A self-confessed workaholic (though he hates the expression), Elbaz explains he has only had three weekends off since August. The pace shows no sign of slowing, with a series of further anniversary celebrations planned, including a fashion show in Beijing on April 26.
For now, he is still basking in the afterglow of the Paris event, where—backed by retro orchestra Pink Martini—the designer took to the microphone to sing Doris Day’s classic “Que Sera, Sera,” winning a standing ovation from a crowd including Jessica Alba, Tilda Swinton and Pharrell Williams.
It was a song with a message in a season that saw fashion’s revolving door spin faster, with changes at the helm of Jil Sander and Yves Saint Laurent.
“I think it was a very relevant song for today in fashion, when everybody is very busy, or maybe too busy, in speculation,” Elbaz explains. “I thought it would be a nice song to sing also for all my colleagues, to tell them and to tell all of us: You know what? We cannot see the future.”
The performance capped one of his most flamboyant Lanvin shows in recent memory, which saw models vamping it up in cocktail dresses drowning in oversize frills and whimsical floral print dresses paired with brightly colored furs.
“It was about these archival pieces, and bringing them back with joy and freedom,” he says. “We are living in a controlled society today, and I didn’t feel like having control—I felt like having anything goes.”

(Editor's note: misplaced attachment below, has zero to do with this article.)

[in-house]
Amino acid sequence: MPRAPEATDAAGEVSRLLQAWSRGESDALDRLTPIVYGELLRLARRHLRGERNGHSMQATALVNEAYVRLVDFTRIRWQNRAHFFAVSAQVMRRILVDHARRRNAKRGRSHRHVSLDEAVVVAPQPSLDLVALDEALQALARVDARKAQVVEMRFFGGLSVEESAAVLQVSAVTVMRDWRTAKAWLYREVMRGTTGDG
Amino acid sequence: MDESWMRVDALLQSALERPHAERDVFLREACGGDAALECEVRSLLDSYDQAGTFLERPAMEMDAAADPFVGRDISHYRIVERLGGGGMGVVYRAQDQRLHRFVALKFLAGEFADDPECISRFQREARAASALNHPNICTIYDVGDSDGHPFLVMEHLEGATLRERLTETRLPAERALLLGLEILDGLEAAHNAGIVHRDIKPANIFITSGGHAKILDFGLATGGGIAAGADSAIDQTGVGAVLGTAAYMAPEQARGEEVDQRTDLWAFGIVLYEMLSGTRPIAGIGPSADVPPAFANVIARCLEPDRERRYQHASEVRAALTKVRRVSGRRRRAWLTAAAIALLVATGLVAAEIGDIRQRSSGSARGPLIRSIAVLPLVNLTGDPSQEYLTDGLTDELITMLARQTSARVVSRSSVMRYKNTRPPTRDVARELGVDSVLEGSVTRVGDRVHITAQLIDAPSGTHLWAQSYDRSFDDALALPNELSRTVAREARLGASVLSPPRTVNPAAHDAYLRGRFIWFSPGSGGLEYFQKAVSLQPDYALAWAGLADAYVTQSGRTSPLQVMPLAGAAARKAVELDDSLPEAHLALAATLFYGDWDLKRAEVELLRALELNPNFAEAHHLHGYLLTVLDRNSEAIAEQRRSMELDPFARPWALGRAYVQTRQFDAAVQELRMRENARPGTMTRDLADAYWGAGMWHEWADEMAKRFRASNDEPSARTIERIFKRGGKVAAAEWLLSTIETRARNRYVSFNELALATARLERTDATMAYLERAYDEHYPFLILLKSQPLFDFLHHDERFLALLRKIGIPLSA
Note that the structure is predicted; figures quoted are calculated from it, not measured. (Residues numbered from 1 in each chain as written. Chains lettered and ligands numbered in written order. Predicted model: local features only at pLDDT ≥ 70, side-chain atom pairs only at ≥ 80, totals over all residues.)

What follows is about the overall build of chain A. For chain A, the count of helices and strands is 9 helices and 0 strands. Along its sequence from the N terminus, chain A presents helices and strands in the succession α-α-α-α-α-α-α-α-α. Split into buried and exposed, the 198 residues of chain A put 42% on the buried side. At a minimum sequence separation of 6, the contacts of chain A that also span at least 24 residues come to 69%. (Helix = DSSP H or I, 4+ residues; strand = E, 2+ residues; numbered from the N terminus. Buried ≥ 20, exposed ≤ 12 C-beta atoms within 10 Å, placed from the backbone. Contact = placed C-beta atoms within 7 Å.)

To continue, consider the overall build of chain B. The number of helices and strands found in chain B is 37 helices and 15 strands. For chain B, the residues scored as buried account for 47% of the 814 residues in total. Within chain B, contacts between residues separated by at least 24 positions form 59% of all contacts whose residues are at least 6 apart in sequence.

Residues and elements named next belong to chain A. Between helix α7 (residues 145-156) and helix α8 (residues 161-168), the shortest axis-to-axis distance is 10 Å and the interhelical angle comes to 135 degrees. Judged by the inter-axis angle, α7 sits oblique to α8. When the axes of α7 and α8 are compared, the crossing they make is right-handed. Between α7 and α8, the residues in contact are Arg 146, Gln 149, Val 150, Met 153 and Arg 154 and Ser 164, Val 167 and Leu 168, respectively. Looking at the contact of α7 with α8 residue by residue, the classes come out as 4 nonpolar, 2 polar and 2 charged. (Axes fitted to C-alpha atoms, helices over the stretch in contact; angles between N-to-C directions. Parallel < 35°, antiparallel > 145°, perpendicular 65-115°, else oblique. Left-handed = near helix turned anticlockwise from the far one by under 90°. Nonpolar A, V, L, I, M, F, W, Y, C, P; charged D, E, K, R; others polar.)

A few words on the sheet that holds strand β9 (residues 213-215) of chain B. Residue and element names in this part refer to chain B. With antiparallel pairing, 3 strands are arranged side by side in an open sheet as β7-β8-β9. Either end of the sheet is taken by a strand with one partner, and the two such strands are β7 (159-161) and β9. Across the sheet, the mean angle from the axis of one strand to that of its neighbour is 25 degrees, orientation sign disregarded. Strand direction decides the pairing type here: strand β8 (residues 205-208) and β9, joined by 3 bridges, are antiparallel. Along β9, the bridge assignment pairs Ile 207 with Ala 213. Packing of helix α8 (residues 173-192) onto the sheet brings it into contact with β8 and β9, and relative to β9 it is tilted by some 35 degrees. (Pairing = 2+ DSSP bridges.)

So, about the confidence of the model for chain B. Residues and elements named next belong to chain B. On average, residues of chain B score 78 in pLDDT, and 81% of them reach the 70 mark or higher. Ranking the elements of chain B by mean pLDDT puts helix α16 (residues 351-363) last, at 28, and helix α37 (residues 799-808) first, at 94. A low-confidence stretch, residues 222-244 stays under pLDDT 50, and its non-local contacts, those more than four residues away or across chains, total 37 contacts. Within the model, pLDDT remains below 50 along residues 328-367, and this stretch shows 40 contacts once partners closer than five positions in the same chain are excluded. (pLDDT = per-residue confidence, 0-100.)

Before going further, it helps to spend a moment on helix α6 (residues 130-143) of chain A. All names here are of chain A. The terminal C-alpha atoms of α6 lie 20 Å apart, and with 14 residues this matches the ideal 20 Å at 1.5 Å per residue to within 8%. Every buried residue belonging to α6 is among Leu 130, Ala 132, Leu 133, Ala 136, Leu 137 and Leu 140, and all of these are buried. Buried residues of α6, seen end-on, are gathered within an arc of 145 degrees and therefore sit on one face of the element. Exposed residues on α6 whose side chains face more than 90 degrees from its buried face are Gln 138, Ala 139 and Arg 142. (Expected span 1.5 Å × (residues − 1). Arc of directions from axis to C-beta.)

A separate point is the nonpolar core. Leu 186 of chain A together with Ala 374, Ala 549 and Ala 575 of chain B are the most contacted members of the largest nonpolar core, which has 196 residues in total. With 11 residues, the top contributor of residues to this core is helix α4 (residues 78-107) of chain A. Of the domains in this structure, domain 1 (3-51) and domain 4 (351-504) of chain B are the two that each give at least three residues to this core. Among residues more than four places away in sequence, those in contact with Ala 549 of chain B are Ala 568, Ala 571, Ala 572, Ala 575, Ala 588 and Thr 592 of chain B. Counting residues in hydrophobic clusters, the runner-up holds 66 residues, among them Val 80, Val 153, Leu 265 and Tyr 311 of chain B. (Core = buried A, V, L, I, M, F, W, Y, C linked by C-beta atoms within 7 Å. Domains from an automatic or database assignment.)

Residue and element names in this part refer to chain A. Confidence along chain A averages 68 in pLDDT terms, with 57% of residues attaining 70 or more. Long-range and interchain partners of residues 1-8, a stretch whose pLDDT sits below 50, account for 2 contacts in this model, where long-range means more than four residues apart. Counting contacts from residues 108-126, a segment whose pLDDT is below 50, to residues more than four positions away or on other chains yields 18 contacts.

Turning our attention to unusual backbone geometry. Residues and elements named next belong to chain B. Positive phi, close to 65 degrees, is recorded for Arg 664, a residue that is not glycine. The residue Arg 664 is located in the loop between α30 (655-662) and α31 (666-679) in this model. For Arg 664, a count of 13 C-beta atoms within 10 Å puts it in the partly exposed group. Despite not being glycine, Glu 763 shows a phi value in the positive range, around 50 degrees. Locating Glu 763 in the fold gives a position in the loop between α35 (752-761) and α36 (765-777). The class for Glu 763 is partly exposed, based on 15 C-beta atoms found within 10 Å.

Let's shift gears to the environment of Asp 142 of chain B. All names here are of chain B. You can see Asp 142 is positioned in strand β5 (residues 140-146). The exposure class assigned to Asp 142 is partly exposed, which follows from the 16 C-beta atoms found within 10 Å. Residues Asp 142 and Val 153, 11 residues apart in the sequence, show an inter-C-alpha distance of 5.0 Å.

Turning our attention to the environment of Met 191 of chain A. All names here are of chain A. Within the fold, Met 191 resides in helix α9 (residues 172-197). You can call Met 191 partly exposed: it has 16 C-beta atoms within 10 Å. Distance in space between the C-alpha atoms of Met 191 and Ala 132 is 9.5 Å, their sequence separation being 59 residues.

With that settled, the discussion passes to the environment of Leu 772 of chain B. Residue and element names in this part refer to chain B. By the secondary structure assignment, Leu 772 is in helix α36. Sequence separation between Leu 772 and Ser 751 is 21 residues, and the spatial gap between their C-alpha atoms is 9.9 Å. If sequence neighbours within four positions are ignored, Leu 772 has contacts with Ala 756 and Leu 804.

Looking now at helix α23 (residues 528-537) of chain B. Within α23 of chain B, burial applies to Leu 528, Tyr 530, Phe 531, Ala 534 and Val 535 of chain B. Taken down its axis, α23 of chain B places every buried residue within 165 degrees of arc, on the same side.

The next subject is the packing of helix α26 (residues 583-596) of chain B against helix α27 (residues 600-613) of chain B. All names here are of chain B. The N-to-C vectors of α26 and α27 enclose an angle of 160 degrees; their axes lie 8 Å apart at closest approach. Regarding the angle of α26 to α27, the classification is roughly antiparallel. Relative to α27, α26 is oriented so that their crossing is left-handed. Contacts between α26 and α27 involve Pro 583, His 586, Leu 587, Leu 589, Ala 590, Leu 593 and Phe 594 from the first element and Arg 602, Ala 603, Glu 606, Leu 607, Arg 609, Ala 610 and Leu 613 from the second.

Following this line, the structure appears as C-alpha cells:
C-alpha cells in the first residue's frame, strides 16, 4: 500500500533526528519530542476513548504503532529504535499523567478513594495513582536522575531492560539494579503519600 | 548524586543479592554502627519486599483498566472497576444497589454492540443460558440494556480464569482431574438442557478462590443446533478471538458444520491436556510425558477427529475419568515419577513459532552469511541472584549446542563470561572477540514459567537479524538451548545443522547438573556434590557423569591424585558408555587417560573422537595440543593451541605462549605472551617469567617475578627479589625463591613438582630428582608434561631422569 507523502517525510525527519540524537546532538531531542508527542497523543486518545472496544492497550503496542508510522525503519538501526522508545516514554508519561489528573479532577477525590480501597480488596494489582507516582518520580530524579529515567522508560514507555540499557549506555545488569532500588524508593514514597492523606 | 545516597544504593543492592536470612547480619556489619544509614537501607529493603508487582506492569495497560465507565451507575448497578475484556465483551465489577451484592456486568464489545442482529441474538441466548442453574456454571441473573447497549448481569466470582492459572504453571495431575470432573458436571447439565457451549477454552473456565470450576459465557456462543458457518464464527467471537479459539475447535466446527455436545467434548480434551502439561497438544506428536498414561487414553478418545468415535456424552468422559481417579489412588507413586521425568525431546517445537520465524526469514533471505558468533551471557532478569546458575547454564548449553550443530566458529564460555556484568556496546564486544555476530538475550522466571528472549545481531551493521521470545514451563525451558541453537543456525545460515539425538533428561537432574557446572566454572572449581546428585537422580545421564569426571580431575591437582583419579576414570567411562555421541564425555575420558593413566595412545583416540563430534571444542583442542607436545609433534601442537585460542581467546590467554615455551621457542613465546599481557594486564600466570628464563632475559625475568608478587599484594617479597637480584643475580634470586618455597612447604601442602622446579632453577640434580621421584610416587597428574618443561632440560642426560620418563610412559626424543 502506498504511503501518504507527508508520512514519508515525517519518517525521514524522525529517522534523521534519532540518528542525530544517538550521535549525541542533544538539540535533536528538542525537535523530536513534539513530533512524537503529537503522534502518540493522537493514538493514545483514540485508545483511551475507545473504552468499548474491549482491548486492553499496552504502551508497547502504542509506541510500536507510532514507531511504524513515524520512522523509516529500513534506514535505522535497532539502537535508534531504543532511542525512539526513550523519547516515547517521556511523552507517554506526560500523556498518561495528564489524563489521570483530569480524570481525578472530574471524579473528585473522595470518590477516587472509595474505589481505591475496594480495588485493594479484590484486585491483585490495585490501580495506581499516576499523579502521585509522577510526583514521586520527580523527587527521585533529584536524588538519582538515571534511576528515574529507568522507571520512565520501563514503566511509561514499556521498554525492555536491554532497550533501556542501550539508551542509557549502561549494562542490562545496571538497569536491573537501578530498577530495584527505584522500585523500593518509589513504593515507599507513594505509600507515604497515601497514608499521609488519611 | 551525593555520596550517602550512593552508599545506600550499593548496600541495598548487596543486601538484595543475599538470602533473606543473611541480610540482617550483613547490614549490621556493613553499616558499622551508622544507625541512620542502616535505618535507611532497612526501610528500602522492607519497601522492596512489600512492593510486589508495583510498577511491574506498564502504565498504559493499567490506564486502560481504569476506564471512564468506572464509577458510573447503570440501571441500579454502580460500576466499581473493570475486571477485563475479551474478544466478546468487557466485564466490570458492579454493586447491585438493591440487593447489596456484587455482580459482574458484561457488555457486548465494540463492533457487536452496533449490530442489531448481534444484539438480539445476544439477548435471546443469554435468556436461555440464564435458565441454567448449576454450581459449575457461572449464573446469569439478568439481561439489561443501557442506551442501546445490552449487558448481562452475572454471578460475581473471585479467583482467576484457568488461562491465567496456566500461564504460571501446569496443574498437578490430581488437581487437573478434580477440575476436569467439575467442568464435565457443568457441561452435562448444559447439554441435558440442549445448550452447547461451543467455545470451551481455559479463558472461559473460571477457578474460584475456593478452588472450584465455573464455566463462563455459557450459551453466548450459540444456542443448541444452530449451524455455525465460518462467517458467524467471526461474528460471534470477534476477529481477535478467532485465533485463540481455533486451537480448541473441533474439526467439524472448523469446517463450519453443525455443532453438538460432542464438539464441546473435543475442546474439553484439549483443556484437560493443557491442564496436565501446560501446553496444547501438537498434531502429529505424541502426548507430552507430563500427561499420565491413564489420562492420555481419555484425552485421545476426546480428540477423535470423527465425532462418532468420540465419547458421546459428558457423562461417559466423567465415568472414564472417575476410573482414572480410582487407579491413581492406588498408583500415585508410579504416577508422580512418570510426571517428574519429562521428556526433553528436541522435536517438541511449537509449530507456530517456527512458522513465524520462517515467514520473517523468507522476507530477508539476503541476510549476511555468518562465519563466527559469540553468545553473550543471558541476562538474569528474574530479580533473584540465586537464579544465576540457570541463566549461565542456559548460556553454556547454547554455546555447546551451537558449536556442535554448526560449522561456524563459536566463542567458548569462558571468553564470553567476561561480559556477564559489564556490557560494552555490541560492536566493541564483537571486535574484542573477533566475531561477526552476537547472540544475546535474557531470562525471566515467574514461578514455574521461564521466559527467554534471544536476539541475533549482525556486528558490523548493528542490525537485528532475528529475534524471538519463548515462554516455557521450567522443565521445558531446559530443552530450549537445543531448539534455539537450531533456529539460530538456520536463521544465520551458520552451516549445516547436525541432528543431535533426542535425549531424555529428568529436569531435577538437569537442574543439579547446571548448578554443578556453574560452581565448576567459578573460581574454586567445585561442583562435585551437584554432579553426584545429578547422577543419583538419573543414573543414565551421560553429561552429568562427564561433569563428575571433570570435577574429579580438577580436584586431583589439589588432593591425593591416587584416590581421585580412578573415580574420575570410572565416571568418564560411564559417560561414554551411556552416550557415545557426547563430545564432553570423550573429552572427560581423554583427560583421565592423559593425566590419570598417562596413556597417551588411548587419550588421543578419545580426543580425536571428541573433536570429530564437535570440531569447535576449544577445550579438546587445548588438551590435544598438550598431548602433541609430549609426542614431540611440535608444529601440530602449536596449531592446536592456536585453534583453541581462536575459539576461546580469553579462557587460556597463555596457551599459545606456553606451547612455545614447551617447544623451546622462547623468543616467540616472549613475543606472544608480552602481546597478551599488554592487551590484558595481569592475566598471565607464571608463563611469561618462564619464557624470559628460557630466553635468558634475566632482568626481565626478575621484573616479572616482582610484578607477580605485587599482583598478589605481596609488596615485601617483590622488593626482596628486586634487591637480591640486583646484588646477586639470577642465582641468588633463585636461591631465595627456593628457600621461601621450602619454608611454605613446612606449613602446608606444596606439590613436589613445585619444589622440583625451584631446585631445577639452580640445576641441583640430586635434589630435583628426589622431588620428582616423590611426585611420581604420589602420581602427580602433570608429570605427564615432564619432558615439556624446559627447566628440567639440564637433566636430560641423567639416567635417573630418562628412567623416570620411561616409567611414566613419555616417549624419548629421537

The irony is that by the time Elbaz finished giving television interviews after the show, he had practically missed his own party.
“Pink Martini wasn’t there anymore, and the food was long gone,” he says. “So I asked to have a sandwich, and it was midnight and I left. And only the day later, they showed me the video with all the people dancing and having so much fun, and I loved seeing it.”
The public outpouring of affection that Elbaz provokes is a measure of his critical and commercial success. In his decade at Lanvin, he has transformed the label into a go-to resource for celebrities and professional women alike. Lanvin’s 2011 revenues, exclusive of licensing royalties, rose 24 percent to 204 million euros (about $270 million).
The designer says he felt he made his mark from his very first show for the house. “And it just went like an evolution, because I always say that I prefer evolution to revolution,” he notes. That incremental approach has sometimes put him at odds with a fashion system that’s always crying for novelty, but Elbaz shrugs off the criticism.
“I sometimes read bloggers, and sometimes they will say, ‘This looks too familiar because we saw it last season.’ But you know, it’s like the Chanel suit. I mean, it’s a Chanel suit, and an Hermès Kelly bag is an Hermès Kelly bag. This is a little bit my vocabulary,” he says.